How to Survive the Arctic Cold

How To Survive The Arctic Cold

Planning on holidaying to the Arctic during winter?

I recently travelled to Scandinavia in winter where I spent a whole week and a half inside the Arctic Circle in Sweden and Finland. If anyone tells you not to travel for fear of being too cold, don’t listen to them! Trust me when I say you don’t need that kind of negativity in your life. The Aurora Borealis is more than worth the sub-zero temperatures you will need to endure, not to mention the awesome snow sports and adventures you’ll have while you’re there! :)

So, here are my tips on how to survive the freezing temperatures in the Arctic!

  1. Dress to Impress

Being Australian, no matter how many times I visit Europe during winter, I struggle to get used to the cold. I’ve spend two whole months travelling Europe, enduring temperatures colder than Sydney will ever experience which officially makes me a pro at knowing what to pack – ok so not officially, but hey, I’ve survived! These are the essentials you’ll need:

  • Thermal pants, long sleeved top, gloves, socks, scarf, beanie and underpants
  • Waterproof gloves
  • Leather and waterproof boots (many resorts in the Arctic will allow you to hire actual snow boots for free so don’t worry if you don’t want to fork out too much money on a pair of your own)
  • A thermal and waterproof snow suit. This thing is a life saver! You won’t have to purchase one of your own because you’ll always get offered the suit for free throughout your stay at any hotel in the Arctic (especially if you’ve booked to go on any outdoor activities)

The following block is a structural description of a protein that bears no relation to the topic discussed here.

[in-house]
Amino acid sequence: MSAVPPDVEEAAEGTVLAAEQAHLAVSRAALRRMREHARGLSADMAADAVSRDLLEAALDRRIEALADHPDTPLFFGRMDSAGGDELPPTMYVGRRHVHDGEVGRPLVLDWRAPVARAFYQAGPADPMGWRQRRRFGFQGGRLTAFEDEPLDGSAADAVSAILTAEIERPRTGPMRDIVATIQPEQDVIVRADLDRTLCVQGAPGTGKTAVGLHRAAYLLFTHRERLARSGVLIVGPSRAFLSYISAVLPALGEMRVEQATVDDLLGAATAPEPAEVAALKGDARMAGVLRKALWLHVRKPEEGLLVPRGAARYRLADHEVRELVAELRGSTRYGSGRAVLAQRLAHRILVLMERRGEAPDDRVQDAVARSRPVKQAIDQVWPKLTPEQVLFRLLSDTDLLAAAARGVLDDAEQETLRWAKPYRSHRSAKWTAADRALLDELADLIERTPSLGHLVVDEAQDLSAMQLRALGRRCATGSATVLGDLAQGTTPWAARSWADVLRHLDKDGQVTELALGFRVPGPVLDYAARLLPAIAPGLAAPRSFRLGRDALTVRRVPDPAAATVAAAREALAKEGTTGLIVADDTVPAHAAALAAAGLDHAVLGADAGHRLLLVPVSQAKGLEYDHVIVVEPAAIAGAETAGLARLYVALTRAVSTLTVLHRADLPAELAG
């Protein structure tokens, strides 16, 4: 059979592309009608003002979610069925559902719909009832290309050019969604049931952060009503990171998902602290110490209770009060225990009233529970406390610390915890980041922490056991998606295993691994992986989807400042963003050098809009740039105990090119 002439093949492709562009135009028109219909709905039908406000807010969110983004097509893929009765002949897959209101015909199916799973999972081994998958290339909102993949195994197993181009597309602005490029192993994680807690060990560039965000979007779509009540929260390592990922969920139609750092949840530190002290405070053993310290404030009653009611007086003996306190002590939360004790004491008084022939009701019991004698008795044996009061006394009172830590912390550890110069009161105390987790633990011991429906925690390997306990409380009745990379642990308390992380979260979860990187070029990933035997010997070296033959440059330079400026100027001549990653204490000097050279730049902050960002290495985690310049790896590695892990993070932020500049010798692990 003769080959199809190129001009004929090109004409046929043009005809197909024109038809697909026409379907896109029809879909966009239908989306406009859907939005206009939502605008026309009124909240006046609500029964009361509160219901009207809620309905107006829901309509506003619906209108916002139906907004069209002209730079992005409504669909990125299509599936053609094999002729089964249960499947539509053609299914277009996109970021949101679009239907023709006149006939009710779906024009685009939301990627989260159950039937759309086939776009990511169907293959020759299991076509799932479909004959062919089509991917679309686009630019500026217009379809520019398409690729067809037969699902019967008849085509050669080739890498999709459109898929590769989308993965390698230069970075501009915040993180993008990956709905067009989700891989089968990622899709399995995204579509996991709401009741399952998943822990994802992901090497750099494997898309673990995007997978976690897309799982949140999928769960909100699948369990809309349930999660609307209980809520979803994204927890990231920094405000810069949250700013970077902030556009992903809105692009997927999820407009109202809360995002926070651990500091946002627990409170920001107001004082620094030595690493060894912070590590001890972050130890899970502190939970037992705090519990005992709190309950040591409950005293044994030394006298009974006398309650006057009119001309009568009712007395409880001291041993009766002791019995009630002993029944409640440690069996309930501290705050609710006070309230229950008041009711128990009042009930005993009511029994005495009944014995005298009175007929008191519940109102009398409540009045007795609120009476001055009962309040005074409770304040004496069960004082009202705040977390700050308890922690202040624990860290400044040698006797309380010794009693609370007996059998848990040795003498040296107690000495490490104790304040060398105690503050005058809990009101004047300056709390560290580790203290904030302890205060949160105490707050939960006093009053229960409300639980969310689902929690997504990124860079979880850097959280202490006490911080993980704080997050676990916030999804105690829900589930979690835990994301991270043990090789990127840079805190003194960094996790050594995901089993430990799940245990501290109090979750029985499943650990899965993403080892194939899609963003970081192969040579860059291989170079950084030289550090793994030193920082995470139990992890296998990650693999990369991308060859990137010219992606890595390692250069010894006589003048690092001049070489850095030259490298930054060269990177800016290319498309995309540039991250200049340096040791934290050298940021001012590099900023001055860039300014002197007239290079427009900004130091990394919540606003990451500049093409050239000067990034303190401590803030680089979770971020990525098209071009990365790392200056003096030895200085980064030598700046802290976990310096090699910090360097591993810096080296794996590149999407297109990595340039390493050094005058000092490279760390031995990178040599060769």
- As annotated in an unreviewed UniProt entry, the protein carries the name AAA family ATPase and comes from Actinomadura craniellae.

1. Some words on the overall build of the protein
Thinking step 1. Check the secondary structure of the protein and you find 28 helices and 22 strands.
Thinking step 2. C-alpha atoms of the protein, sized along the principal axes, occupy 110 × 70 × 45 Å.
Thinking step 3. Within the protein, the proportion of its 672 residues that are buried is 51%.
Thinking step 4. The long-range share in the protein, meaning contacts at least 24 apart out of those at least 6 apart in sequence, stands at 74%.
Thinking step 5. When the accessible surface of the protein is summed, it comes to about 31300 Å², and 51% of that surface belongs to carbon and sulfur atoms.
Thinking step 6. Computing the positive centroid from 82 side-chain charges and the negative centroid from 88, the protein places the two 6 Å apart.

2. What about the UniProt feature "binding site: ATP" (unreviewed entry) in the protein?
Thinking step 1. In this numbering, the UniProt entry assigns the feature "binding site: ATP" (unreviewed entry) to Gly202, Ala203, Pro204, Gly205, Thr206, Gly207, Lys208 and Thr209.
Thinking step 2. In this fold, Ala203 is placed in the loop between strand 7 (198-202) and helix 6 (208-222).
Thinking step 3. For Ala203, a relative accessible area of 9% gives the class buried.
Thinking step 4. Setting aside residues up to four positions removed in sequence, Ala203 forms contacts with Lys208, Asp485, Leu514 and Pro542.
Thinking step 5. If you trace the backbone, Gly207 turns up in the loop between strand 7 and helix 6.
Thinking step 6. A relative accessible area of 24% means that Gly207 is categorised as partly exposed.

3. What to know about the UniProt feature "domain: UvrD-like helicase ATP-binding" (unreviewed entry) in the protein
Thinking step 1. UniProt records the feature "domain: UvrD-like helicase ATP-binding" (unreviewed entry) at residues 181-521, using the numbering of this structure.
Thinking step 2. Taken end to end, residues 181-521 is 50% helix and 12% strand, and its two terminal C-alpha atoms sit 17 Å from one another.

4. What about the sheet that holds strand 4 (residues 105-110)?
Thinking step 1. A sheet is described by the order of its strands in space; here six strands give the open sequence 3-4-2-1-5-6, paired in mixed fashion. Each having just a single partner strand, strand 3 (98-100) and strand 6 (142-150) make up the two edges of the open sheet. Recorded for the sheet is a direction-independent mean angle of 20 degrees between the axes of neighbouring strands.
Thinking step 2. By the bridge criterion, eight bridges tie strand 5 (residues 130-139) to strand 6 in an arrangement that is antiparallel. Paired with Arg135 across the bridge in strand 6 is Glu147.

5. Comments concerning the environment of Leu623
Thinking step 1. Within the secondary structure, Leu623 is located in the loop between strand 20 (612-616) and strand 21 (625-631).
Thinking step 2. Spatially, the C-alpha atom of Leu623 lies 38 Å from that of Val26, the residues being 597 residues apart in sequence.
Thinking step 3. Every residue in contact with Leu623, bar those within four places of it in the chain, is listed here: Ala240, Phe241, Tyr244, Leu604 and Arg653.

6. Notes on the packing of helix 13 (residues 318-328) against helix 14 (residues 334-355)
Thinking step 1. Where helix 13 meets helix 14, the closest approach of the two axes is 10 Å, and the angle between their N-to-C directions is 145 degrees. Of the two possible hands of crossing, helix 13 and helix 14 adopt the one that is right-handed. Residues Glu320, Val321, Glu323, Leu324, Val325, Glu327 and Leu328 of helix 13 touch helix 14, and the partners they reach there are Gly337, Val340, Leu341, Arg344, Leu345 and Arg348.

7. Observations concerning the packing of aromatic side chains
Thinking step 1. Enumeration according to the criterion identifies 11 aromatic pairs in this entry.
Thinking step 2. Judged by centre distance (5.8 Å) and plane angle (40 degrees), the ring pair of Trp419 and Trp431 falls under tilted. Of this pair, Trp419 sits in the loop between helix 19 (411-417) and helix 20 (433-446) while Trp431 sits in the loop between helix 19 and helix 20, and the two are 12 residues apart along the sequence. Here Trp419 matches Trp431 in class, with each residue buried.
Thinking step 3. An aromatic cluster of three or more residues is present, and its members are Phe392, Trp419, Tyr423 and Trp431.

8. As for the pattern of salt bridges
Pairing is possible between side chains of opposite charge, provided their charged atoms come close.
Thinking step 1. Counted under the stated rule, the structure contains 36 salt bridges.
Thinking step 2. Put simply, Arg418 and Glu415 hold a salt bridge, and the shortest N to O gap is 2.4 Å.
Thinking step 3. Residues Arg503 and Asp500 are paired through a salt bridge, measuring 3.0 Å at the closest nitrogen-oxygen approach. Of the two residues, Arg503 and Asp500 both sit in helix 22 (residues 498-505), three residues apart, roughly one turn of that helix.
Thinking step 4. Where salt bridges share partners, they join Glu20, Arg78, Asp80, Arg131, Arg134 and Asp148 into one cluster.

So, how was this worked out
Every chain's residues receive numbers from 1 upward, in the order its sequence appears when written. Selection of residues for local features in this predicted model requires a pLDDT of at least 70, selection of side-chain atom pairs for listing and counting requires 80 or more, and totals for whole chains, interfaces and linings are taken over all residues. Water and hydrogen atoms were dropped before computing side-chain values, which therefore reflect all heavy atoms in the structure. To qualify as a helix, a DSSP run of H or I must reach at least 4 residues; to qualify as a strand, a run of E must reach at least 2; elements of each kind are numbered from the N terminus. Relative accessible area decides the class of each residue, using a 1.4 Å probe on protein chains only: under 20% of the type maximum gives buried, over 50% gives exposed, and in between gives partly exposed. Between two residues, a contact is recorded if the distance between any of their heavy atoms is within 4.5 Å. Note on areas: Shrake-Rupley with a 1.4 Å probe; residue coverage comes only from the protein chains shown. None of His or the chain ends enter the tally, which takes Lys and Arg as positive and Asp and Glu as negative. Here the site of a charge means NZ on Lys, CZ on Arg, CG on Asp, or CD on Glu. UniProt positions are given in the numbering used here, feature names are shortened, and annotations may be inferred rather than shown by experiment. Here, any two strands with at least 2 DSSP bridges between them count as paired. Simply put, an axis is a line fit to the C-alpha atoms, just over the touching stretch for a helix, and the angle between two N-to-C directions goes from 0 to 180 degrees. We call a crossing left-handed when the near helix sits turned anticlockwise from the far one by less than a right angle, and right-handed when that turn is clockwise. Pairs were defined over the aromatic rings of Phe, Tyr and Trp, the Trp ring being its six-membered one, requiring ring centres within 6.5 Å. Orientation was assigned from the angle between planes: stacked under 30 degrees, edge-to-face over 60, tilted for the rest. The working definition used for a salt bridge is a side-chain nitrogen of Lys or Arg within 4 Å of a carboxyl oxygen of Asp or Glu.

• Woollen jumpers, socks, and anything else you can fit underneath your thermal suit. Avoid cotton because the material doesn’t breath and if you happen to sweat, you’ll freeze a lot quicker!
Arctic fashion: This is pretty much how I looked the entire time I was inside the Arctic Circle ;)

Arctic fashion: This is pretty much how I looked the entire time I was inside the Arctic Circle ;)

  1. Don’t Spend Too Much Time Outside

Yes the Aurora is lighting up the sky and you didn’t travel this far to sit inside all day, but it’s also -37 degrees Celsius outside and that can be dangerous. Remember to keep moving around while you are outside. Jumping on the spot is a great way to keep your blood flowing. If you happen to get wet, change into dry clothes as soon as possible and don’t spend too long outside at a time. If you start to feel too cold the best thing to do is to get yourself inside and wait until you’ve warmed up again so know your limit and stick to it!

  1. Time Your Showers and Saunas Well!

There’s nothing more dangerous than having a shower before you step outside into the cold (except of course stepping outside naked ;) ). Showering will heat your body and leave moisture on your skin. Once you step outside, your body will start to cool and the water on your skin will cool faster. You’re going to get very, very cold very, very quickly. Only shower when you’re planning on staying inside for a while.

  1. Prepare to Catch a Cold

I survived a month in the cold without getting sick but not everyone is as lucky so come prepared. If you feel a tickle in the back of your throat, take something for it. You’ll hopefully kill off that bug before it does any more damage. There are plenty of supermarkets and chemists where you can stock up on cold and flu medicines but it usually works out cheaper if you pack your own.

Stay rugged up and minimise exposed skin!

Stay rugged up and minimise exposed skin!